“All the hungers we have for love, for union, for happiness are given by God to lead us to him. The difference between a saint and the greatest sinner is where they go to satisfy that hunger.”― Christopher West: ((born 1969) is a Catholic author and speaker, best known for his work on Pope John Paul II s series of audience addresses entitled Theology of the Body.

Gospel Text: (LK 19:1-10)
At that time Jesus came to Jericho and intended to pass through the town.
Now a man there named Zacchaeus,
who was a chief tax collector and also a wealthy man,
was seeking to see who Jesus was;
but he could not see him because of the crowd,
for he was short in stature.
So he ran ahead and climbed a sycamore tree in order to see Jesus,
who was about to pass that way.
When he reached the place, Jesus looked up and said,
“Zacchaeus, come down quickly,
for today I must stay at your house.”
And he came down quickly and received him with joy.
When they saw this, they began to grumble, saying,
“He has gone to stay at the house of a sinner.”
But Zacchaeus stood there and said to the Lord,
“Behold, half of my possessions, Lord, I shall give to the poor,
and if I have extorted anything from anyone
I shall repay it four times over.”
And Jesus said to him,
“Today salvation has come to this house
because this man too is a descendant of Abraham.
For the Son of Man has come to seek
and to save what was lost.”

Reflect, today, upon Zacchaeus and see yourself in his person.  You, too, are a sinner.  But God’s compassion is far more powerful than any sin.  Let His loving forgiveness and acceptance of you overshadow any guilt you may feel.  And allow the gift of His mercy to produce mercy and compassion in your own life for others.


Monday, November 18, 2019

If you are discouraged it is a sign of pride, because it shows you trust in your own powers.


Don't be discouraged by a failure. It can be a positive experience. Failure is, in a sense, the highway to success, inasmuch as every discovery of what is false leads us to seek earnestly after what is true, and every fresh experience points out some form of error which we shall afterwards carefully avoid.  - John Keats: (1795 -1821: was an English Romantic poet)

Gospel Text: (LK 18:35-43)
As Jesus approached Jericho
a blind man was sitting by the roadside begging,
and hearing a crowd going by, he inquired what was happening.
They told him,
"Jesus of Nazareth is passing by."
He shouted, "Jesus, Son of David, have pity on me!"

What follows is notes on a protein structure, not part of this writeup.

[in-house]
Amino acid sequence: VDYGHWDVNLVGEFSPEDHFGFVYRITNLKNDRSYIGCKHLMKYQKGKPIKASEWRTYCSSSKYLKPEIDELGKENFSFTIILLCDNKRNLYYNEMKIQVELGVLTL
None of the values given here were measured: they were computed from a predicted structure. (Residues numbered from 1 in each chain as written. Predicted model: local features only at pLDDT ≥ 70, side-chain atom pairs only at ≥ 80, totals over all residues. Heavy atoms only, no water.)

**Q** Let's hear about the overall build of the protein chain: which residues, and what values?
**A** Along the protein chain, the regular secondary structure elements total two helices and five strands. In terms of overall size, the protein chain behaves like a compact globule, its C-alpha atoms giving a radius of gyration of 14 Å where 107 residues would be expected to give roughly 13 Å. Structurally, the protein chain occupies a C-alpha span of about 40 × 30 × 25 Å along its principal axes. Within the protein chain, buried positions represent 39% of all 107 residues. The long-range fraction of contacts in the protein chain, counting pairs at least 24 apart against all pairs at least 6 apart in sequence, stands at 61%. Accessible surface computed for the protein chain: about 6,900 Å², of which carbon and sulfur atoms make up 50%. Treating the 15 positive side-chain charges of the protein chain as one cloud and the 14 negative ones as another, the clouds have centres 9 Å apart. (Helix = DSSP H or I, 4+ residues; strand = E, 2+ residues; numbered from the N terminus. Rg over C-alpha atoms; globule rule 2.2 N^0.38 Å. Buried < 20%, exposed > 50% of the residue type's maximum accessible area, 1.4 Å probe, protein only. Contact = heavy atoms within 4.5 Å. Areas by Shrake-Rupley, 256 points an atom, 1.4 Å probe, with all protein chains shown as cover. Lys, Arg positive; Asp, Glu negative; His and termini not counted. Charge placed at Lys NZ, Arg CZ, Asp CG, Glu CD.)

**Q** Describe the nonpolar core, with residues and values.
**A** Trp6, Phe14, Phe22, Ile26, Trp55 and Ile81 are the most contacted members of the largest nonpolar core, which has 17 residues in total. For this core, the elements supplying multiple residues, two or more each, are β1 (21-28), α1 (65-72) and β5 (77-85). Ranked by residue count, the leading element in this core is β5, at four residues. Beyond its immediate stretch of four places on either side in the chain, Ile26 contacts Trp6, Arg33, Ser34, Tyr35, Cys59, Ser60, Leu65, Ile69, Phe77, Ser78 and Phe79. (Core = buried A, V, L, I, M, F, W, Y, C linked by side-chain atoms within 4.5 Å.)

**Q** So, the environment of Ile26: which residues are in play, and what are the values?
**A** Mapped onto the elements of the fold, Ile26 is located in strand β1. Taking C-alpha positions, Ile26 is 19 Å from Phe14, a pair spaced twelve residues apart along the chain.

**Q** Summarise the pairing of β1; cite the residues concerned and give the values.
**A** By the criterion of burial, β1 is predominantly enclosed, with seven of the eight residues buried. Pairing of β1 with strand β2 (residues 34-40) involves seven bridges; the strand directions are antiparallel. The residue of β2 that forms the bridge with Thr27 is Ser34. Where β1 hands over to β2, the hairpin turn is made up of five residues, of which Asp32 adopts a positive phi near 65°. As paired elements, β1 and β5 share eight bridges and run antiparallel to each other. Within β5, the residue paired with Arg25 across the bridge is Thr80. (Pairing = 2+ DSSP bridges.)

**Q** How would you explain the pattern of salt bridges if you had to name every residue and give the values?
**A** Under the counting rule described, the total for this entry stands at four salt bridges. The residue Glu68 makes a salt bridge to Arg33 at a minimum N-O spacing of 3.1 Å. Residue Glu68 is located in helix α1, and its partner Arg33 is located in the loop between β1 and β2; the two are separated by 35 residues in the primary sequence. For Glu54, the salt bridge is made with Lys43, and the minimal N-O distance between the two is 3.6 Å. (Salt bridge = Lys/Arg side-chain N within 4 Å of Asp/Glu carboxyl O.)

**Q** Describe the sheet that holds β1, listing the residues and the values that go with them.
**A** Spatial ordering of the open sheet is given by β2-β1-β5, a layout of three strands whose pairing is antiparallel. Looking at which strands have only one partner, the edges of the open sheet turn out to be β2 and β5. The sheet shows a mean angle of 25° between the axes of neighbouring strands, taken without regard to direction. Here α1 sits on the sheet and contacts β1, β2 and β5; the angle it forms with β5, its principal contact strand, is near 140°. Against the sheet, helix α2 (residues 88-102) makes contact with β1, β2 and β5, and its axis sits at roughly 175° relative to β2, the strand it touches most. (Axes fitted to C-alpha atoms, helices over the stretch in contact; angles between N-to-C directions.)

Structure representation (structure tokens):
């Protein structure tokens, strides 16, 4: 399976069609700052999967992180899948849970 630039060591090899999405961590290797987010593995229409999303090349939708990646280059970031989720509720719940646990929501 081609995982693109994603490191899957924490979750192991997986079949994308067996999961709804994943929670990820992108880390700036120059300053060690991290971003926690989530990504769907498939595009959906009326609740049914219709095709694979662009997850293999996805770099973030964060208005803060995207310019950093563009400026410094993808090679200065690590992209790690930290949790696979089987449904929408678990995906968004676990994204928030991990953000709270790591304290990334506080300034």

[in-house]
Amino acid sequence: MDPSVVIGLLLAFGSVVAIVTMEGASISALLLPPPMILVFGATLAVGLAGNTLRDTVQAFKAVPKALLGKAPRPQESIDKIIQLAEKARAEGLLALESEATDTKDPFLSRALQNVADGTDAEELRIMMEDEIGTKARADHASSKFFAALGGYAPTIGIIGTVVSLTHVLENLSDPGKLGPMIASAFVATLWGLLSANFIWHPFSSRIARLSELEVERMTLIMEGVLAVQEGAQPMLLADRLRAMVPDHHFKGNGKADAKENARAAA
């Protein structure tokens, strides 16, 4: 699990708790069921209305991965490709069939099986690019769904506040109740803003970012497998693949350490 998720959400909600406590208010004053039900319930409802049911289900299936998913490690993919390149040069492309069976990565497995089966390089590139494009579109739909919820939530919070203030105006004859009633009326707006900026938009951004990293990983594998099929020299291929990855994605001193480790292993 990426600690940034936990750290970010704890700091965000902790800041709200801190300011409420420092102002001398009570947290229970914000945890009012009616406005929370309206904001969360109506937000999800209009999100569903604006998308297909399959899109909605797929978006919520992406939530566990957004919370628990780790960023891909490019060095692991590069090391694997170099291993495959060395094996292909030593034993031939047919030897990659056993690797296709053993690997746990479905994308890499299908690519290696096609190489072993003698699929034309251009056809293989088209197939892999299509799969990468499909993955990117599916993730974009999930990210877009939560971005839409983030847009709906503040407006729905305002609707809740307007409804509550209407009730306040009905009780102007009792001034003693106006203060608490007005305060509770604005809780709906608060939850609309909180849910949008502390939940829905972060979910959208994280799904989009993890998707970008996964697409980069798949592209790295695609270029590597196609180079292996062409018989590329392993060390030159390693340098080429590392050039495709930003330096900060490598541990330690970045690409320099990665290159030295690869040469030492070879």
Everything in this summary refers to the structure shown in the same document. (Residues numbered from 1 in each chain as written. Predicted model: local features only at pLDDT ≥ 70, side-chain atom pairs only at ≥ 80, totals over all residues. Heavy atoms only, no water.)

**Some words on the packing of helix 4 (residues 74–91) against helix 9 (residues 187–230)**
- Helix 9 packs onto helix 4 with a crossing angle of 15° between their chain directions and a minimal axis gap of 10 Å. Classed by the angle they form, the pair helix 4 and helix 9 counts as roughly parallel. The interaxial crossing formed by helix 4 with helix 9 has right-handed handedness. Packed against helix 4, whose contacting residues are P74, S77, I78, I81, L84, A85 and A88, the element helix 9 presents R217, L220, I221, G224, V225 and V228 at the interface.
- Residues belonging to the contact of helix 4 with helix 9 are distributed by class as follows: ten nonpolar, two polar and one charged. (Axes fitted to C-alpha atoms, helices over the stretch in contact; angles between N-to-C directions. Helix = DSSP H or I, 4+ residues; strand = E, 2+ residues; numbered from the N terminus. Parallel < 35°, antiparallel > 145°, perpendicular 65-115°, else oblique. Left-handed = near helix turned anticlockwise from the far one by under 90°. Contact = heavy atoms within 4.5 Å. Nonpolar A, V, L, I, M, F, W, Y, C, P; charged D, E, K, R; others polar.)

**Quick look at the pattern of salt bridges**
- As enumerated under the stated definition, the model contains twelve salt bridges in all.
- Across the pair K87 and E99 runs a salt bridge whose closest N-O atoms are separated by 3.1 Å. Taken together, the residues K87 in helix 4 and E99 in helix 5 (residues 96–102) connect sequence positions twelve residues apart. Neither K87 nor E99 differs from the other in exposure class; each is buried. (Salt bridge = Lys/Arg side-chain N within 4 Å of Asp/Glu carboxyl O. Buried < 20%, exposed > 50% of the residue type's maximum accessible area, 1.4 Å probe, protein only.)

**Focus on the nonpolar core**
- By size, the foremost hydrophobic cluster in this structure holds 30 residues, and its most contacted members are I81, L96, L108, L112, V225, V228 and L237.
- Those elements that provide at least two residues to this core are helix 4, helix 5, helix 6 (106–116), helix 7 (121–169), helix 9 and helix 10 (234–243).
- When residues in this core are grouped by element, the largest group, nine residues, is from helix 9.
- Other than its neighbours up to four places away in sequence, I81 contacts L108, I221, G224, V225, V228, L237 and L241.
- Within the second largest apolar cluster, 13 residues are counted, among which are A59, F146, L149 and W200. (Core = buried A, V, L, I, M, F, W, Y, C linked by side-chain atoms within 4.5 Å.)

The people walking in front rebuked him,
telling him to be silent,
but he kept calling out all the more,
"Son of David, have pity on me!"
Then Jesus stopped and ordered that he be brought to him;
and when he came near, Jesus asked him,
"What do you want me to do for you?"
He replied, "Lord, please let me see."
Jesus told him, "Have sight; your faith has saved you."
He immediately received his sight
and followed him, giving glory to God.
When they saw this, all the people gave praise to God.

Good for him!  Here was a blind beggar who was treated poorly by many.  He was treated as if he were no good and a sinner.  When he began to call out for mercy from Jesus, he was told to be silent by those around him.  But what did the blind man do?  Did he give in to their oppression and ridicule?  Certainly not.  Instead, “He kept calling out all the more!”  And Jesus took notice of his faith and healed him.

There is a great lesson from this man’s life for us all.  There are many things we will encounter in life that get us down, discourage us and tempt us to despair.  There are many things that are oppressive to us and difficult for us to deal with.  So what should we do?  Should we give in to the struggle and then retreat into a hole of self-pity?  

This blind man gives us the perfect witness of what we should do.  When we feel oppressed, discouraged, frustrated, misunderstood, or the like, we need to use this as an opportunity to turn to Jesus with even greater passion and courage calling upon His mercy.

Difficulties in life can have one of two effects on us.  Either they beat us down or they make us stronger.  The way they make us stronger is by fostering within our souls an even greater trust in and dependence upon the mercy of God.

Reflect, today, upon that which tempts you the most toward discouragement.  What is it that feels oppressive to you and difficult to deal with.  Use that struggle as an opportunity to cry out with even more passion and zeal for the mercy and grace of God.